The other half of Edge of Time is all about platforming, and using wall-crawling and web slinging to get through all manner of environment hazards. Swinging around is kind of wobbly at first, and you actually won’t need it outside of a few specific sequences since there are so few open areas in the Alchemax building. Plus the game conveniently auto-targets perches and ledges, making it fairly simple to aim and jump from one point to the next. Other than an unusually high amount of vent-crawling and a few high-velocity drops down elevator shafts, it doesn’t feel like there are many opportunities to really get the most out of one of Spider-Man’s most notable skills.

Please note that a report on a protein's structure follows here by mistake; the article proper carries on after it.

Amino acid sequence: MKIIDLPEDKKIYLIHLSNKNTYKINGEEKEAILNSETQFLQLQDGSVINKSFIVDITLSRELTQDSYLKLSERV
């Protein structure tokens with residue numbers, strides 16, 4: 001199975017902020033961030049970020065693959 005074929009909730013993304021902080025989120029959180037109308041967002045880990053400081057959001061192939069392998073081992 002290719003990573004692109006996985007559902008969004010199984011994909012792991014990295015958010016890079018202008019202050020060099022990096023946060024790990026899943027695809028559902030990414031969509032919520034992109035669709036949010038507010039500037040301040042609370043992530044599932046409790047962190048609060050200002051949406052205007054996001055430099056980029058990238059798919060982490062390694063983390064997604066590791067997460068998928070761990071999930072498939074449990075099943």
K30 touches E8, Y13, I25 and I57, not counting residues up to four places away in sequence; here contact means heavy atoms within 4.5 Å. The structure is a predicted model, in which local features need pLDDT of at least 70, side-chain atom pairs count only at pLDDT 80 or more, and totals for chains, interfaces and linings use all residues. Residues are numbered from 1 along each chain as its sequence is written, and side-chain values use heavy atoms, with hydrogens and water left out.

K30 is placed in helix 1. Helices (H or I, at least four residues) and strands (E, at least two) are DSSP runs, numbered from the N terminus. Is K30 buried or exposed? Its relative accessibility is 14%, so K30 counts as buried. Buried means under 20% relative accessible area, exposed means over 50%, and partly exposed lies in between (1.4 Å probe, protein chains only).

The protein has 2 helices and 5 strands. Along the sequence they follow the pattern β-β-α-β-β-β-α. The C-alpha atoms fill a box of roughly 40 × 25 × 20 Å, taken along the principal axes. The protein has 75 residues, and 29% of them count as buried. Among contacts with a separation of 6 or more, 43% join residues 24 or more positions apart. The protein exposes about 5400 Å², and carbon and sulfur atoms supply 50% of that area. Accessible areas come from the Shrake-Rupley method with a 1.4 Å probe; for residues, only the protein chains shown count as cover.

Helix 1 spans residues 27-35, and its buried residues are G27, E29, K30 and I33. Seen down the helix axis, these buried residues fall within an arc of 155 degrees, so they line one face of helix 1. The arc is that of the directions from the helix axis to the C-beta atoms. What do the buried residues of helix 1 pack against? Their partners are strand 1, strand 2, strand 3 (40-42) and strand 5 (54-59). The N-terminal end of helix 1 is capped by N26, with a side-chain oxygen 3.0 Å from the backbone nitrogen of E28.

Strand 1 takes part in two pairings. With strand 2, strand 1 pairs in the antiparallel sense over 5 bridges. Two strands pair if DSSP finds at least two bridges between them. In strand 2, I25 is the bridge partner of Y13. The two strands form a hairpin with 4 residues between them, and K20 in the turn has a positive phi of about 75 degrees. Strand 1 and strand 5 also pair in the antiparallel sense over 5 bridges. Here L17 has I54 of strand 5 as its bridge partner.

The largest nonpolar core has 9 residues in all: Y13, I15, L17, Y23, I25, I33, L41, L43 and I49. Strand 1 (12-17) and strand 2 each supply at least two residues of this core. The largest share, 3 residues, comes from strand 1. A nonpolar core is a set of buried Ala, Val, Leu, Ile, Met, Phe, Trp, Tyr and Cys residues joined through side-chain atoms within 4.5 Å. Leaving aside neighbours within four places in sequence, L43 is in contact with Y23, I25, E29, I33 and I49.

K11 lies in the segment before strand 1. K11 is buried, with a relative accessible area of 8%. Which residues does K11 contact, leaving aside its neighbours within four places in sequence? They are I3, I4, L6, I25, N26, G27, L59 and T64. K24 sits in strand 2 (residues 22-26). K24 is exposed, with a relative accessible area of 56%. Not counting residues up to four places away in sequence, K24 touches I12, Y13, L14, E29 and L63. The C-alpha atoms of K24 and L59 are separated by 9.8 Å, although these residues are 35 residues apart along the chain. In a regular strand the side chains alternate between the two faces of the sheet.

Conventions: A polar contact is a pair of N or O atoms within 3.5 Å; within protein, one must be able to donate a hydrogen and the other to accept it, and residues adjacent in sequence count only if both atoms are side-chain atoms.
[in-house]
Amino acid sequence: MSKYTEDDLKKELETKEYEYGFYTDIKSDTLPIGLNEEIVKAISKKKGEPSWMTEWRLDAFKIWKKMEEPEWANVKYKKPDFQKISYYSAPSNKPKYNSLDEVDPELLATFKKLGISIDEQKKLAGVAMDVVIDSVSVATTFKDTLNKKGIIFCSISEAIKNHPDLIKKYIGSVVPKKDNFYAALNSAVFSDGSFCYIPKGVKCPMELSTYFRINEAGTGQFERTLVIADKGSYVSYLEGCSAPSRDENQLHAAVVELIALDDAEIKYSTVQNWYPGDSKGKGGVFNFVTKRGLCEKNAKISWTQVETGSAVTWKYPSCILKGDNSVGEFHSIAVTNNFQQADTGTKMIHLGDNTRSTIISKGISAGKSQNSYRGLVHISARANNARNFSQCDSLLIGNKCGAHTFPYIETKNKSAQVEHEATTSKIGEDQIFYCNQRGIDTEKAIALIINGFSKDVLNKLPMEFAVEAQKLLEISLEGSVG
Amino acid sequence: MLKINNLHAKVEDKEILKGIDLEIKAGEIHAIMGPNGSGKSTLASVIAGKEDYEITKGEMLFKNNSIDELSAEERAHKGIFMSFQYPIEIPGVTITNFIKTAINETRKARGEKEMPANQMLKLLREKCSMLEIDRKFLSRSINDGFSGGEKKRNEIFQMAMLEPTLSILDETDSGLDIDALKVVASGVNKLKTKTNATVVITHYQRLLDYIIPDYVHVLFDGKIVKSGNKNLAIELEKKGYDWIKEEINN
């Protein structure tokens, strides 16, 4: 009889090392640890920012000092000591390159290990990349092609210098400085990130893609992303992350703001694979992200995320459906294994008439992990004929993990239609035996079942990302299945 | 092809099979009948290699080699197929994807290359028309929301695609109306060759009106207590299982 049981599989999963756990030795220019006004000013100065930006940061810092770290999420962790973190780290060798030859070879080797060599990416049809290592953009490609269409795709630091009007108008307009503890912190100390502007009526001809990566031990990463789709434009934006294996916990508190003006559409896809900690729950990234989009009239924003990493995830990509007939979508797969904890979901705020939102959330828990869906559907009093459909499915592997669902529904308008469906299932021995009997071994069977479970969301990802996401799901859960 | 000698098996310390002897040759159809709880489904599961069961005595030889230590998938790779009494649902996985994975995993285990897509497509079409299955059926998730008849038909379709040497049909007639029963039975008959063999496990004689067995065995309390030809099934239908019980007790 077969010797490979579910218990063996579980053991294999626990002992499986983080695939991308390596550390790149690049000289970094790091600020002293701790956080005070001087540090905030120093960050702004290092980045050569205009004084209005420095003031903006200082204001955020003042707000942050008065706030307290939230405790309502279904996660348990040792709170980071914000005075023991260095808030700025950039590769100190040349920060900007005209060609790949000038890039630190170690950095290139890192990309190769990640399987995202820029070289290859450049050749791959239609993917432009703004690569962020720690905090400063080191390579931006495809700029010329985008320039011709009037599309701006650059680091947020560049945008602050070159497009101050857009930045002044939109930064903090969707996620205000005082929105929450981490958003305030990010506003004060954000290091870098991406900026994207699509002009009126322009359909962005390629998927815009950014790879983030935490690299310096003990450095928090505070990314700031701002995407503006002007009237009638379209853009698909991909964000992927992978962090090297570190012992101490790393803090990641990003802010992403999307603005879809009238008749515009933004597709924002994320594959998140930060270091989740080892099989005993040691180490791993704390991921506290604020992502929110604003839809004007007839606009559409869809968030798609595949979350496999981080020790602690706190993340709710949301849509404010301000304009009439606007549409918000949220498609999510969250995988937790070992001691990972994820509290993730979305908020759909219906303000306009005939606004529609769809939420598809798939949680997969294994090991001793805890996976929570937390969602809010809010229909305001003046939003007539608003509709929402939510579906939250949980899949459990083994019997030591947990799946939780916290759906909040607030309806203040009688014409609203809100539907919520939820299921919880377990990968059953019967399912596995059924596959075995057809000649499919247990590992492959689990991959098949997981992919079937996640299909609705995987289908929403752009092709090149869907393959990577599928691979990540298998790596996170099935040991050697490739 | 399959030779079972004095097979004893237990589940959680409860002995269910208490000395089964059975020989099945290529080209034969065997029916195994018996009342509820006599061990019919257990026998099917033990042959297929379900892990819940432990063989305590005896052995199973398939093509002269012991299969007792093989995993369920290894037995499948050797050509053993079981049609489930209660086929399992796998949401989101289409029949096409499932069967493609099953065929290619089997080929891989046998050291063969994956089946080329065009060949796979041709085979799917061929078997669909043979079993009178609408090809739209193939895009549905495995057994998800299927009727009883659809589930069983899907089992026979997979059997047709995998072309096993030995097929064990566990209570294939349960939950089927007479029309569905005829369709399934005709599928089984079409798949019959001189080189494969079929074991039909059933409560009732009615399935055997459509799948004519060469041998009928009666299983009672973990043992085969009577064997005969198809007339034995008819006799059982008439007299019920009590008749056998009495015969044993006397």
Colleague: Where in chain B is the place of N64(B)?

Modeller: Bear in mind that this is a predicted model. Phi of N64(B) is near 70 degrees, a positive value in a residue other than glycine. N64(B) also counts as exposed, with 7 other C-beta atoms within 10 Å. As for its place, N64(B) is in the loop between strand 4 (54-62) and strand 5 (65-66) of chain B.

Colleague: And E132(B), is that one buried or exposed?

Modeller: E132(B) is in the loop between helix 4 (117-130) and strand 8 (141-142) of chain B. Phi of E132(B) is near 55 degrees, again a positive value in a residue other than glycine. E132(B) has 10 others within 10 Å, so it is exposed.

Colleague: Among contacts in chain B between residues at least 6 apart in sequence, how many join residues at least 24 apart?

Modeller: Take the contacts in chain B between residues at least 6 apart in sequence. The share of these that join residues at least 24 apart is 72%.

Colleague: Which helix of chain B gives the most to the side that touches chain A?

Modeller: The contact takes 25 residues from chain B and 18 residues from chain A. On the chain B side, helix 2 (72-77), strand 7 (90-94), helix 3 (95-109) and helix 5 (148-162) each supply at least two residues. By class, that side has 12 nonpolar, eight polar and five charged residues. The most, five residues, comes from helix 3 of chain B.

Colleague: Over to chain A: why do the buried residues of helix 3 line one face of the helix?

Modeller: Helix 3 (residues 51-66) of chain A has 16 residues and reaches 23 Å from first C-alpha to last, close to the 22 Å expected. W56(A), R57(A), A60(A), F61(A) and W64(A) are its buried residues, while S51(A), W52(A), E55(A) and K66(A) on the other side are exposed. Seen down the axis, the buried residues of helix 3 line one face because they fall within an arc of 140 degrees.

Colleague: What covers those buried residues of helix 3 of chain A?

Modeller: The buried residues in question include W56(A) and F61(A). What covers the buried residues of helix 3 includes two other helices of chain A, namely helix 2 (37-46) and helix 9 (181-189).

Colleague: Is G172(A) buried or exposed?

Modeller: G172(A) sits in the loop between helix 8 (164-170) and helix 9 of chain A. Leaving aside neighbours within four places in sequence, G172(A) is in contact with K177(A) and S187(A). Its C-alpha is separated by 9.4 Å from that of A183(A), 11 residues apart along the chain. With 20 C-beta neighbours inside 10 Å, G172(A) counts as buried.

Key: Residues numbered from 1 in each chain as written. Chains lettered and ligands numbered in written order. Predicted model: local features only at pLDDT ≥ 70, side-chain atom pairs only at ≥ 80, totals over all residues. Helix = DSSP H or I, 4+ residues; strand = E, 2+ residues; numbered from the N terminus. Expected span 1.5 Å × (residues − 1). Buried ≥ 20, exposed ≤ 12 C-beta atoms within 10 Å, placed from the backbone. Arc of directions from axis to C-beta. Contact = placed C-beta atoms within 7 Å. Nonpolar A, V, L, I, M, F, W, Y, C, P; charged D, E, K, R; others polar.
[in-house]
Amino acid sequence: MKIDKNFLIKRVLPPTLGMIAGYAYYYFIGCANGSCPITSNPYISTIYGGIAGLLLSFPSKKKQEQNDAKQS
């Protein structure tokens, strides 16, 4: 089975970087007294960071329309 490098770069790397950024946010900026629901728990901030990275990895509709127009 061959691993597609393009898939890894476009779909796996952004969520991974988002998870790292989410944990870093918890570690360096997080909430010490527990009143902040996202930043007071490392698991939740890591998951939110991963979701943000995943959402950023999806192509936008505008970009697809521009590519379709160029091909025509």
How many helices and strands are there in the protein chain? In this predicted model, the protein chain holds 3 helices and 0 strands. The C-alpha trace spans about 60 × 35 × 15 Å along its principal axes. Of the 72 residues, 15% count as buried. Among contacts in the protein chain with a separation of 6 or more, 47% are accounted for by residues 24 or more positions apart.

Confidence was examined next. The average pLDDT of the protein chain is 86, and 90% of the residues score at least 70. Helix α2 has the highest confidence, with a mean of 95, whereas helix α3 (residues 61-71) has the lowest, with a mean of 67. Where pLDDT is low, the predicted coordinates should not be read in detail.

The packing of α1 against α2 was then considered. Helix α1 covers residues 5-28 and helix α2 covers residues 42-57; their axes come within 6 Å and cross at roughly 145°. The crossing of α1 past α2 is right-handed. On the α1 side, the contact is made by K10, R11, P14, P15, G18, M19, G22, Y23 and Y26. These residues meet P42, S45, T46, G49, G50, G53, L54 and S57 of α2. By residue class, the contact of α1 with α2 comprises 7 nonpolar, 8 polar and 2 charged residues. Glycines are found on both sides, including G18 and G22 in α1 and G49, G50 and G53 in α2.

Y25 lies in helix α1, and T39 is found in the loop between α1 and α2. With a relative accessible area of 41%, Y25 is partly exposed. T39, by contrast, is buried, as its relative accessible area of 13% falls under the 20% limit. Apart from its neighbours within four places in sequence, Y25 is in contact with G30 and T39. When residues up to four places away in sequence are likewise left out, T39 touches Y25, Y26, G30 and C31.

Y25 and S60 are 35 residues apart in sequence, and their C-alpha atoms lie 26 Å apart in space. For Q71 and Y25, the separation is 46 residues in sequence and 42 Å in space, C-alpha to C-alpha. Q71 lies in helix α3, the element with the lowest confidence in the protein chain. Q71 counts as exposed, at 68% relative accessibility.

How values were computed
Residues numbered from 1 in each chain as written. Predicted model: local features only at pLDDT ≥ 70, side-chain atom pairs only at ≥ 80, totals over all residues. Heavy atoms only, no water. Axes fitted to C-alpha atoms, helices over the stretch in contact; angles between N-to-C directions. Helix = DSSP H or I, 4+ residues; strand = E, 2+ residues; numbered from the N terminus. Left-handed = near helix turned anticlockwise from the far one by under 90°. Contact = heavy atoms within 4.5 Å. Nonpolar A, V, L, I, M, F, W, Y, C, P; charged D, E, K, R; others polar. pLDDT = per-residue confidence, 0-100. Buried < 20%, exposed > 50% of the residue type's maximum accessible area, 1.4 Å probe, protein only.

You’ll be switching from Peter Parker to Miguel O’Hara constantly, and along with their sarcastic sense of humor, they share similar combat skills and a “Spider-sense” that lets you see enemies, objectives and important items like door keys. Where they differ is in their specific in-game superpowers and their style of play. When Peter’s hyper-sense is active, he can zip around at high speed and auto-dodge any attacks. He can also use his webbing a lot more to pull himself up close and personal with enemies or get out of danger. Miguel, on the other hand, has a decoy ability, which allows him to turn invisible and create a stationary blue hologram that’s useful for tricking enemies into shooting each other or for nabbing a few precious seconds of space when things get too dicey.